Therefore, if at any point during your lifetime you inherit assets, which take your estate value over the amount that can pass free of inheritance tax, it would be sensible to review your Will and discuss this with us since we may be able to assist you with some tax planning options to mitigate inheritance tax and thus save your family or friends money after the date of your death.

You have acquired property overseas or are thinking of making a permanent move abroad

Many Wills that we draft cater for assets held in the UK only. However, if you have acquired property either within Europe or further afield, it is sensible to review your Will to check whether any additional provisions can be added to cover those assets as well. Ordinarily we would advise our clients to have Wills prepared in each country (and under each jurisdiction) where assets are held by them. However, depending on the country, the value of the assets held, and whether the assets are real property or simply cash accounts may affect whether Wills prepared by us can also cover worldwide assets.

In addition, if you are considering making a permanent move abroad, this may affect your UK position with regards to inheritance tax, and it is worth reviewing your Will or speaking to us to check whether this will have any tax implications on your estate after your death.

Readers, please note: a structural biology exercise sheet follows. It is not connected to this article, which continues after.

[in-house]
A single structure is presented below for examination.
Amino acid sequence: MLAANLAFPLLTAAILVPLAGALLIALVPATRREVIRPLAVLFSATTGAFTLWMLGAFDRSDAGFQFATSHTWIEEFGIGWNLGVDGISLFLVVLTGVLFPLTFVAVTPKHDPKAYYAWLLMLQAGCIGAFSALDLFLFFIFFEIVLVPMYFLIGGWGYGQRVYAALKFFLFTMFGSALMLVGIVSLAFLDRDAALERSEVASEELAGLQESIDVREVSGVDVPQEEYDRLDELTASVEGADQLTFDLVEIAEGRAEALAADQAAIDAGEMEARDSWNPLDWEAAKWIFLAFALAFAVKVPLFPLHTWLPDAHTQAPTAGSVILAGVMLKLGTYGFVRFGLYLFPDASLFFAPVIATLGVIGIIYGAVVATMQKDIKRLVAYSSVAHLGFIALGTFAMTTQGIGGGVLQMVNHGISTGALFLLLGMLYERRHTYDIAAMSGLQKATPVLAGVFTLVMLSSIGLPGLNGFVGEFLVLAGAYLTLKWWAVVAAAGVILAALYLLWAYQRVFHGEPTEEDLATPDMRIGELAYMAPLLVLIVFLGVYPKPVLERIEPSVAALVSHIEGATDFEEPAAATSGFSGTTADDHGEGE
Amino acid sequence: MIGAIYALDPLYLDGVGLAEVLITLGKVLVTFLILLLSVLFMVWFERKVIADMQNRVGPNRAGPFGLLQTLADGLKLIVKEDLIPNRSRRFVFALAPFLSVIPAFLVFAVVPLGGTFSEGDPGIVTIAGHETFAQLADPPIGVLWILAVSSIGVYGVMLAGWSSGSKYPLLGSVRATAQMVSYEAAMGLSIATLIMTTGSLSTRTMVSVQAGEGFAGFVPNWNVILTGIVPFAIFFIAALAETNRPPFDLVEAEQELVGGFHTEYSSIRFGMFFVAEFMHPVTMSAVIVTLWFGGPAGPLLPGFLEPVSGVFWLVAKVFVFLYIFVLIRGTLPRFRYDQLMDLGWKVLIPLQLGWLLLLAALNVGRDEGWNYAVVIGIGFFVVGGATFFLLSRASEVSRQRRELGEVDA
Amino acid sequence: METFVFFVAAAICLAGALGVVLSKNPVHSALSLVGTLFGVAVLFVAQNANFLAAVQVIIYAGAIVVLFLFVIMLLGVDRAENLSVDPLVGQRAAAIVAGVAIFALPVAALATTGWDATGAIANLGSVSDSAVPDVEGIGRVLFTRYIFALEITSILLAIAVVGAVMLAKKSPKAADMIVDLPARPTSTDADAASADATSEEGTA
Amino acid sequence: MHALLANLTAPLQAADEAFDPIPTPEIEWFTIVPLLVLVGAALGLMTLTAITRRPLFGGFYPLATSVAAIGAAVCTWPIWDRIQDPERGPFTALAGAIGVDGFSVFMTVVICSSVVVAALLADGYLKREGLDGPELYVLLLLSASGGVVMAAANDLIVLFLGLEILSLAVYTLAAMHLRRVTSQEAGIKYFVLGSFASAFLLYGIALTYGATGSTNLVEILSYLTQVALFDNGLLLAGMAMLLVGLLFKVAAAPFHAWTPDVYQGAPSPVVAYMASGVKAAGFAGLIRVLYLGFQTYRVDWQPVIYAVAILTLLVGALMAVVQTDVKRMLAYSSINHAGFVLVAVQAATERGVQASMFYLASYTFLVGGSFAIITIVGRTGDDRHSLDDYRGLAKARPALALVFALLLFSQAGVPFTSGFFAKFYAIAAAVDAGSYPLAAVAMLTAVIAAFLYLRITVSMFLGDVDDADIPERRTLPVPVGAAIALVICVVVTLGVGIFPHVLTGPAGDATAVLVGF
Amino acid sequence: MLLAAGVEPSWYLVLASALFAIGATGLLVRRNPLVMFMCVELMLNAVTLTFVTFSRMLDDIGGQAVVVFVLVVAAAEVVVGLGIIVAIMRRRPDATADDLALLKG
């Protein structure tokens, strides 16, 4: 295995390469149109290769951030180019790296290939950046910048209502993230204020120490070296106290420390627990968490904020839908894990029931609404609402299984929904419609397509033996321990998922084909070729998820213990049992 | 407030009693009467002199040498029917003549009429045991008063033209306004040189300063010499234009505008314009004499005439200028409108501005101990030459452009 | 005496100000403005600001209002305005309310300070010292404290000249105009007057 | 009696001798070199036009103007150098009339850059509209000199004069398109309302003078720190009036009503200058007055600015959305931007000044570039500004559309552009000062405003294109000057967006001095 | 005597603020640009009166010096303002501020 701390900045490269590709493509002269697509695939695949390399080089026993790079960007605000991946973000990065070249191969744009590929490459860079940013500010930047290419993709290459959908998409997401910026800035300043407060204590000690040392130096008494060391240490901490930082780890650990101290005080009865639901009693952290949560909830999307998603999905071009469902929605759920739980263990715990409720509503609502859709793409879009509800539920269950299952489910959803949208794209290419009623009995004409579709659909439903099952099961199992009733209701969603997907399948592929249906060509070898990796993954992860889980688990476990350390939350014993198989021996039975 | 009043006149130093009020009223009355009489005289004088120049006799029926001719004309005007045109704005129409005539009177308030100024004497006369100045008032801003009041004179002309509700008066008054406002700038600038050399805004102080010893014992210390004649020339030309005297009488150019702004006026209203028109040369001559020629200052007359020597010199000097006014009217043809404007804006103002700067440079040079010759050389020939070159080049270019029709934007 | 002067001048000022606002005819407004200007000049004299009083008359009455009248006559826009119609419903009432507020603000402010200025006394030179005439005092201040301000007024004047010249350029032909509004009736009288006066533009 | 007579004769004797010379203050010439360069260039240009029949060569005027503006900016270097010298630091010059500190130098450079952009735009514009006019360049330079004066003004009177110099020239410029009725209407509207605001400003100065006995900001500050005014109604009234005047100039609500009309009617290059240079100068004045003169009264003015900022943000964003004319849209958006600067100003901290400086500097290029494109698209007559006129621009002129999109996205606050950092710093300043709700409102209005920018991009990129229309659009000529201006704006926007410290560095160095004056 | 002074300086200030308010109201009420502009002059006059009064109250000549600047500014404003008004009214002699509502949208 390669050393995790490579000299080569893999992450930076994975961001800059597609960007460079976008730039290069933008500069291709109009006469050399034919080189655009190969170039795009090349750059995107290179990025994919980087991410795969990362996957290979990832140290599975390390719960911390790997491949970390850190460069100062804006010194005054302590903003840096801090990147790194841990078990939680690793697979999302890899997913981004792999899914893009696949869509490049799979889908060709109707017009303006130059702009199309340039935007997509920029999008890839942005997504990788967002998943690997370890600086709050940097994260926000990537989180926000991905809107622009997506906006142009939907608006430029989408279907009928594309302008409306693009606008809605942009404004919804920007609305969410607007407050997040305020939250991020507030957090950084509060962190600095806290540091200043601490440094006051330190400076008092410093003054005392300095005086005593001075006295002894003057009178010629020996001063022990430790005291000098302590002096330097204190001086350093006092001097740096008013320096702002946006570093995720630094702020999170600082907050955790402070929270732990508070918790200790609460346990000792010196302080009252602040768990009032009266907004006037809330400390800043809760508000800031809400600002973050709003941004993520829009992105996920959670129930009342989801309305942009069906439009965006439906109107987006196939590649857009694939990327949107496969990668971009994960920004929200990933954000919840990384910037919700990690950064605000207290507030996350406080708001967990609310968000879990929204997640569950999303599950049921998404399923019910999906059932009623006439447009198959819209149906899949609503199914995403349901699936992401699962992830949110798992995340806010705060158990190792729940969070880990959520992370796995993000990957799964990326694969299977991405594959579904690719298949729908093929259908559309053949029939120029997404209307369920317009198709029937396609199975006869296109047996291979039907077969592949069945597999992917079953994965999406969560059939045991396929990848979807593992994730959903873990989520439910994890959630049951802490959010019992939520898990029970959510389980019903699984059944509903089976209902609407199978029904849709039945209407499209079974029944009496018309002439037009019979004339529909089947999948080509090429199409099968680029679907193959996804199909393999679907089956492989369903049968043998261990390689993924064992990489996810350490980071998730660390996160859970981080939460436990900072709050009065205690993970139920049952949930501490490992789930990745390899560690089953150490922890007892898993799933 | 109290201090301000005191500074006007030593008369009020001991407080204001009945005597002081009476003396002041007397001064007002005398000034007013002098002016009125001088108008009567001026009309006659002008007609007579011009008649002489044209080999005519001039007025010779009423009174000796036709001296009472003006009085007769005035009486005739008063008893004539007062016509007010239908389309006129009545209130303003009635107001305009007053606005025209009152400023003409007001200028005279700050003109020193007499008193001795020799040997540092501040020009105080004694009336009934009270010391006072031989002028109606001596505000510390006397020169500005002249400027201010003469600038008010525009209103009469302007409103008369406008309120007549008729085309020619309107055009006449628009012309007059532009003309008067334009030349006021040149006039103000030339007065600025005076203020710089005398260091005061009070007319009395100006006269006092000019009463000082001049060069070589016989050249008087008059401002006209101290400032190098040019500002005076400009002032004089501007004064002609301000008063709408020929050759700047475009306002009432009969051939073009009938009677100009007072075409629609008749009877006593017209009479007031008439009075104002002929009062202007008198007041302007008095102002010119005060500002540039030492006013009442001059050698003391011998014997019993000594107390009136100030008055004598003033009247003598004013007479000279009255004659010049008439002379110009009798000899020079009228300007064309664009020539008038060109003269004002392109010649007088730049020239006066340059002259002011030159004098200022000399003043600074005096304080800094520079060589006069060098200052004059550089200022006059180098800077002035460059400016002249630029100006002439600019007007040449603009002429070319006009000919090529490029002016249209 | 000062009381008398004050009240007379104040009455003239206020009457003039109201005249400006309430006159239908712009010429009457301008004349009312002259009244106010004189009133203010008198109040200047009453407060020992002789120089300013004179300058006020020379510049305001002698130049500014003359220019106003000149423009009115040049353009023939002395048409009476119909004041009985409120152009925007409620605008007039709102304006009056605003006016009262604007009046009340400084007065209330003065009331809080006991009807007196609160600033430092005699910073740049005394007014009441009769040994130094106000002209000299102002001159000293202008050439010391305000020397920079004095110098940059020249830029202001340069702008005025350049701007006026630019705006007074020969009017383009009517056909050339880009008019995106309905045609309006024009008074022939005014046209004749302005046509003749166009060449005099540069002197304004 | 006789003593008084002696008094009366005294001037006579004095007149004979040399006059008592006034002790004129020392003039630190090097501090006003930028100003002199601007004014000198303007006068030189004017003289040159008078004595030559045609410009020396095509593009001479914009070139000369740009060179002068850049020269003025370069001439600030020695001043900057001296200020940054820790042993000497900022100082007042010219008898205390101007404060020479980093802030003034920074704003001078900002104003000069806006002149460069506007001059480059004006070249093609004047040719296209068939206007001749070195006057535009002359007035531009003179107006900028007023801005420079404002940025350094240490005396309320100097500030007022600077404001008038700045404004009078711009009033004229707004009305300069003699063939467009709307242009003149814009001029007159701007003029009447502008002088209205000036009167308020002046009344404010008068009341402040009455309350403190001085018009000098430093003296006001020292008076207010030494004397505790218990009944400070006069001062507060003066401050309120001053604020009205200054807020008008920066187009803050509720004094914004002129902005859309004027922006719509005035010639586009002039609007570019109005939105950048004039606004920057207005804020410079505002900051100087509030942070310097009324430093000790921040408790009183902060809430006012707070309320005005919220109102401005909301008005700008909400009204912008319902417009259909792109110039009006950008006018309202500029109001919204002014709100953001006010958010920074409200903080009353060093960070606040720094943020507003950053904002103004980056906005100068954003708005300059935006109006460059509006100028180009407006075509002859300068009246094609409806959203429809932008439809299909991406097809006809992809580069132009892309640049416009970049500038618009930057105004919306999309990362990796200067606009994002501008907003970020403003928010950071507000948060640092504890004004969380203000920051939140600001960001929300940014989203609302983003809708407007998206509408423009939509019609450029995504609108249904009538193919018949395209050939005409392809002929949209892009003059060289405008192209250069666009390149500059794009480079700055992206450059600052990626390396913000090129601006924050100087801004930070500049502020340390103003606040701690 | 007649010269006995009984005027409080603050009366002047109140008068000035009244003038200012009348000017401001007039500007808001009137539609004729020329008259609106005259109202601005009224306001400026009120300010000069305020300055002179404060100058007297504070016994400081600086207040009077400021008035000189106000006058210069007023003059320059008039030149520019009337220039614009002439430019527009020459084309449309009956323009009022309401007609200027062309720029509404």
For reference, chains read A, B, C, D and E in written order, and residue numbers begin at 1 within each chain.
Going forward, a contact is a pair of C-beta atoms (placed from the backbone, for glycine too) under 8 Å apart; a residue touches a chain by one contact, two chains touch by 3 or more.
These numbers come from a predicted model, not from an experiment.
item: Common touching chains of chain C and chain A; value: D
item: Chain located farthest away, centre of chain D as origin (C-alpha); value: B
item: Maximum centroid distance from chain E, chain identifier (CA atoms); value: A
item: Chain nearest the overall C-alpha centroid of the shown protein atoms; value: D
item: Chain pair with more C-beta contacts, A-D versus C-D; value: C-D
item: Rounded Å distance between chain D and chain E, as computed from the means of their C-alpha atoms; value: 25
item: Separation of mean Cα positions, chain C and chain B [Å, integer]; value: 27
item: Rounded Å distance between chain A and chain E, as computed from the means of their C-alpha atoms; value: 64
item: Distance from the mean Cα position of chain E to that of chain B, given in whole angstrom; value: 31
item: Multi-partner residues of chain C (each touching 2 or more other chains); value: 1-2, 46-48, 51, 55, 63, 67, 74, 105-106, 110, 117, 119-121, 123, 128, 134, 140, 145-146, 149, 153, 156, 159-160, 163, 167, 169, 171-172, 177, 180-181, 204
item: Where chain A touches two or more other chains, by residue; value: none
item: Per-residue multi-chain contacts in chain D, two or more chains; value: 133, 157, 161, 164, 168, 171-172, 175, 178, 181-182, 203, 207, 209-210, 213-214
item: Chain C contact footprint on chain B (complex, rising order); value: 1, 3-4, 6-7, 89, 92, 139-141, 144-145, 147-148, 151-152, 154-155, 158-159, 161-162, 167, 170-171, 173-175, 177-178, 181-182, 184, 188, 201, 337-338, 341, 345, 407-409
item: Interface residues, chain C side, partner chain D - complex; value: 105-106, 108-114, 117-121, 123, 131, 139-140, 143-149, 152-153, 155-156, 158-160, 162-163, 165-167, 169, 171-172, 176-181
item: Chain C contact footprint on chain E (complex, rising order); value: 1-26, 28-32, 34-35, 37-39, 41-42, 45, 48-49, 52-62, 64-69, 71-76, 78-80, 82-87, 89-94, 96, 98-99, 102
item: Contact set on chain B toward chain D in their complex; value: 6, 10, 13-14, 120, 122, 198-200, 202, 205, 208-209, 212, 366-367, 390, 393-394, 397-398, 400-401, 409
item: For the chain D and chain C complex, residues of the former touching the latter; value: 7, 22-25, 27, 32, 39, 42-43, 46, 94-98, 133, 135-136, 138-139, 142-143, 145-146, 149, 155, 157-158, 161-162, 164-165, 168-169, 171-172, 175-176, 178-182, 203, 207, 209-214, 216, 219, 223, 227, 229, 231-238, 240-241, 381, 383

You have had a change of heart or wish to make provision for charities

Another important reason to review your Will is if you have left a gift to a close friend or family member but have now decided that you would prefer that gift to go to someone else. If the change required is fairly minimal, it may mean that we can deal with this for you by preparing a Codicil rather than a whole new Will. If this is the case, our preparation charges will be much lower so this is always worth considering.

You may have been affected by an illness or been helped by a charity during your lifetime, and wish to make a gift to them after your death. If this is the case, there may also be inheritance tax saving reasons for you to consider if you choose to make gifts to a charity under your Will.

Securing your assets for the future

You may wish to consider future estate planning options to try and avoid your assets being used up during your lifetime to cover nursing care or care home fees. For this reason, it may be worth considering setting up a trust arrangement, and although this is separate from your Will, it is worth considering nonetheless.

Find out more

If you have been affected by any of the above since your Will was prepared, whether it was prepared by us or elsewhere, or if you have already reviewed your Will and would like to make any amendments to it, please contact Nick Giles – Managing Partner, Emily Hanley – Paralegal or any member of the Edwin Coe Private Client Team.

Please note that this blog is provided for general information only. It is not intended to amount to advice on which you should rely. You must obtain professional or specialist advice before taking, or refraining from, any action on the basis of the content of this blog.

Edwin Coe LLP is a Limited Liability Partnership, registered in England & Wales (No.OC326366). The Firm is authorised and regulated by the Solicitors Regulation Authority. A list of members of the LLP is available for inspection at our registered office address: 2 Stone Buildings, Lincoln’s Inn, London, WC2A 3TH. “Partner” denotes a member of the LLP or an employee or consultant with the equivalent standing.

Please also see a copy of our terms of use here in respect of our website which apply also to all of our blogs.